Today marks World Whistleblowers Day. Now in its fifth year, its purpose is to raise public and organizational awareness about the important role whistleblowers have in combating corruption and maintaining national security.
Whistleblowing is not new, but the existence of formal rules that support it is still in relative infancy. The US SEC program is only 10 years old, the UK’s FCA has had its policy in place for just five, and the Anti Money Laundering Act of 2020 was updated to include an awards program for whistleblowers in January.
Many industry sectors can, and do, experience incidents of whistleblowing. Nevertheless, with financial regulators fine-tuning their approach, firms need to ensure adequate frameworks are in place to identify and manage numerous risks should any reports of wrongdoing occur.
A growth trend?
Last month the former Head of the SEC Whistleblowing Program said that 2020 had been its busiest for tips, triggering an escalation of investigations and enforcement activity. The SEC also revealed then that in recent weeks alone it had issued $85 million in awards to whistleblowers.
FINRA also has an active and successful whistleblower program. It is different from the SEC’s in that it does not pay out awards for successful tips. Despite this, FINRA’s program has been successful; receiving tips from individuals who are aware of potentially fraudulent or unethical activity.
The ‘dollars awarded for tips received’ approach is also not replicated in UK regulation. While some commentators have suggested financial reward would help the FCA encourage more whistleblowers, there is equally the argument that a fear of reproach is more of a barrier than the presence of any financial award.
What should firms do?
Whistleblowers are a necessary part of the enforcement system - they must be recognized and firms need systems in place that help protect those who are genuinely speaking out. That said, a firm’s protection against someone who would wish to cause unnecessary harm is also key.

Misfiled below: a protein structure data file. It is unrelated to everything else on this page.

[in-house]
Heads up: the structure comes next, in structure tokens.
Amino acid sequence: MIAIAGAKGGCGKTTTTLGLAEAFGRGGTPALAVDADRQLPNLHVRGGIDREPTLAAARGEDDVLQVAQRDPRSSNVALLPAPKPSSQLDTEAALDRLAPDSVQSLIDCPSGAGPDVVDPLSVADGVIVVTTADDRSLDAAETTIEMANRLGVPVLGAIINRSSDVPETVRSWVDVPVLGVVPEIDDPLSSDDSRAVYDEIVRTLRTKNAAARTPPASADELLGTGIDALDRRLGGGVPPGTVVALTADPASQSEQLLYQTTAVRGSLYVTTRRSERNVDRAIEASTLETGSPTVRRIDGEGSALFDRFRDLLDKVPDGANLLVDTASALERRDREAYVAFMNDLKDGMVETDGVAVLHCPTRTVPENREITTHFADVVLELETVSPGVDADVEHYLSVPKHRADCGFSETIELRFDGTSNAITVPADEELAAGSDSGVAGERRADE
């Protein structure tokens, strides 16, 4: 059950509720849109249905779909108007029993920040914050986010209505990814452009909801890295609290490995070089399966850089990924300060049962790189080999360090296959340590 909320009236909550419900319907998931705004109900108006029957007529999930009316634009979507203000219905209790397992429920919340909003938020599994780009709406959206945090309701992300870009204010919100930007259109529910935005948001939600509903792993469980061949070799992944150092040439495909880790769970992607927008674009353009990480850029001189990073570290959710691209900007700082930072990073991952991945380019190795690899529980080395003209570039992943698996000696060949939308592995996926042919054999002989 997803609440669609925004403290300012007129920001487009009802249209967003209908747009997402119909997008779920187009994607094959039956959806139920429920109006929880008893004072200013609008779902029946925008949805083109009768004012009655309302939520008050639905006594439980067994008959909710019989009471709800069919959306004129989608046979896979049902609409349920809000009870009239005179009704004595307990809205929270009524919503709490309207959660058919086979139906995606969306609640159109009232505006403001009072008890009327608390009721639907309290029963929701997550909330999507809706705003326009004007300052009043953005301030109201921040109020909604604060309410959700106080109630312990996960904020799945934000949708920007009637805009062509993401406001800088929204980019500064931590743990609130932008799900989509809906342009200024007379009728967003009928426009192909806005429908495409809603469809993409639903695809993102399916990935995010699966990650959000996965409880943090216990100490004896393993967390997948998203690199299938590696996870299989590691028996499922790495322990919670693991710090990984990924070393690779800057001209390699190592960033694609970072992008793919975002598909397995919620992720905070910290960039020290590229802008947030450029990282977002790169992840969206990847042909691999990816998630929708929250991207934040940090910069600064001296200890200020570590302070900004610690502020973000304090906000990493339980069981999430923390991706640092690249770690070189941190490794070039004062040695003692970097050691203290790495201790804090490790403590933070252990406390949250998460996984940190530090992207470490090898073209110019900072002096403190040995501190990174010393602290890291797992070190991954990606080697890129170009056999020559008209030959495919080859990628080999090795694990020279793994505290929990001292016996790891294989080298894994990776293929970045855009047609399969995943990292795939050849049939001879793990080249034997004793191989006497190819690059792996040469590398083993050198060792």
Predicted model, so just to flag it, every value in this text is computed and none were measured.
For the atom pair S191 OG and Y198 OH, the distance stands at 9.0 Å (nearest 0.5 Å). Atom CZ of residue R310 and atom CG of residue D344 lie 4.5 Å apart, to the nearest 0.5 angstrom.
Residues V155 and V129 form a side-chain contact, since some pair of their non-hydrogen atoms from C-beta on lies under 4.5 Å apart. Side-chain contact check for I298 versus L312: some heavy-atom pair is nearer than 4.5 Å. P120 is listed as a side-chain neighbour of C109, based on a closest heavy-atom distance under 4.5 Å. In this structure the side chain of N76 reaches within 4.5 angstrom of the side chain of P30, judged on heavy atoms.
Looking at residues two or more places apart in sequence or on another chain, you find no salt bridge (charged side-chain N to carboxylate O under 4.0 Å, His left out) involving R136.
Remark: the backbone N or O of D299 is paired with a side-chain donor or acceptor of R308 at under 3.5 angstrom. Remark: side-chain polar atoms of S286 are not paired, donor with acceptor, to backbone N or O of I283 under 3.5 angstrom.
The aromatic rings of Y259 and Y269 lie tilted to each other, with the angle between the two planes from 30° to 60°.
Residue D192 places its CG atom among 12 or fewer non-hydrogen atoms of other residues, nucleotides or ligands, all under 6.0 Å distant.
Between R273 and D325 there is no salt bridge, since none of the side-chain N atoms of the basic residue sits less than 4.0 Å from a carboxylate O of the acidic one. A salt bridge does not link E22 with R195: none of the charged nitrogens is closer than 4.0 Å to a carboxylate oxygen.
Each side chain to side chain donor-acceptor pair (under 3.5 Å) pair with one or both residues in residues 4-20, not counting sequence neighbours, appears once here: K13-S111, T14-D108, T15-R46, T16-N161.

The unfortunate truth is that whistleblowing – or the threat of it – can raise its head at any time. For regulated services especially there is a more recent emphasis on firm accountability (including for whistleblower protection) so a resilient approach is key to keeping order, and maintaining a balanced and ‘hands-on’ approach to compliance and risk management.
1. Be proactive – prevention is better than cure
Many successful cases – or investigations at least – are triggered after an inadequate response to the whistleblower by their employer.
It’s an uncomfortable situation to confront, but forewarned is forearmed.
So, ensure that a process exists, and is correctly observed, for concerns to be reported. This can start at line management with points of escalation right through to C-suite if necessary – with any report investigated properly.
2. Unify the recordkeeping approach
A centralized system to capture, preserve, and interrogate eComms - and all other relevant data – in one central archive, makes the process of internal investigation and search quicker and easier. Many firms may expect data sources to be retained that are not – or vice versa. Companies that don't have a single repository for all their communications could be missing the full picture, creating vulnerability should they need to respond to the regulator.
3. Walk the talk on compliance
Make sure that all employees know that there is a proper process and policy in place for raising any concerns they may have and that they will be protected. Make it part of generic compliance training for all employees so that they know the right way to treat the process for reporting any alleged misconduct – financial or non-financial.
Be aware of the influence of certain data policies that might impact data retrieval. For instance in Europe the ‘right to be forgotten’ through GDPR can create complications when it comes to historical data. Talk to the archiving partner to discuss how they can help in such situations.
Whistleblowing is now part of the fabric, and regulators and lawmakers are taking steps to enable genuine tips. But firms can still take “a prevention is better than cure” approach without ‘attracting’ regulatory or media attention.
In the meantime, the evolving role of technology in compliance – such as utilization of AI-led sentiment analysis and machine-learning capabilities – can help any organization more proactively monitor issues and risk before a whistleblowing event even occurs. This enables a proactive approach to risk management which can save individuals and employers significantly in terms of legal, reputational and social cost.
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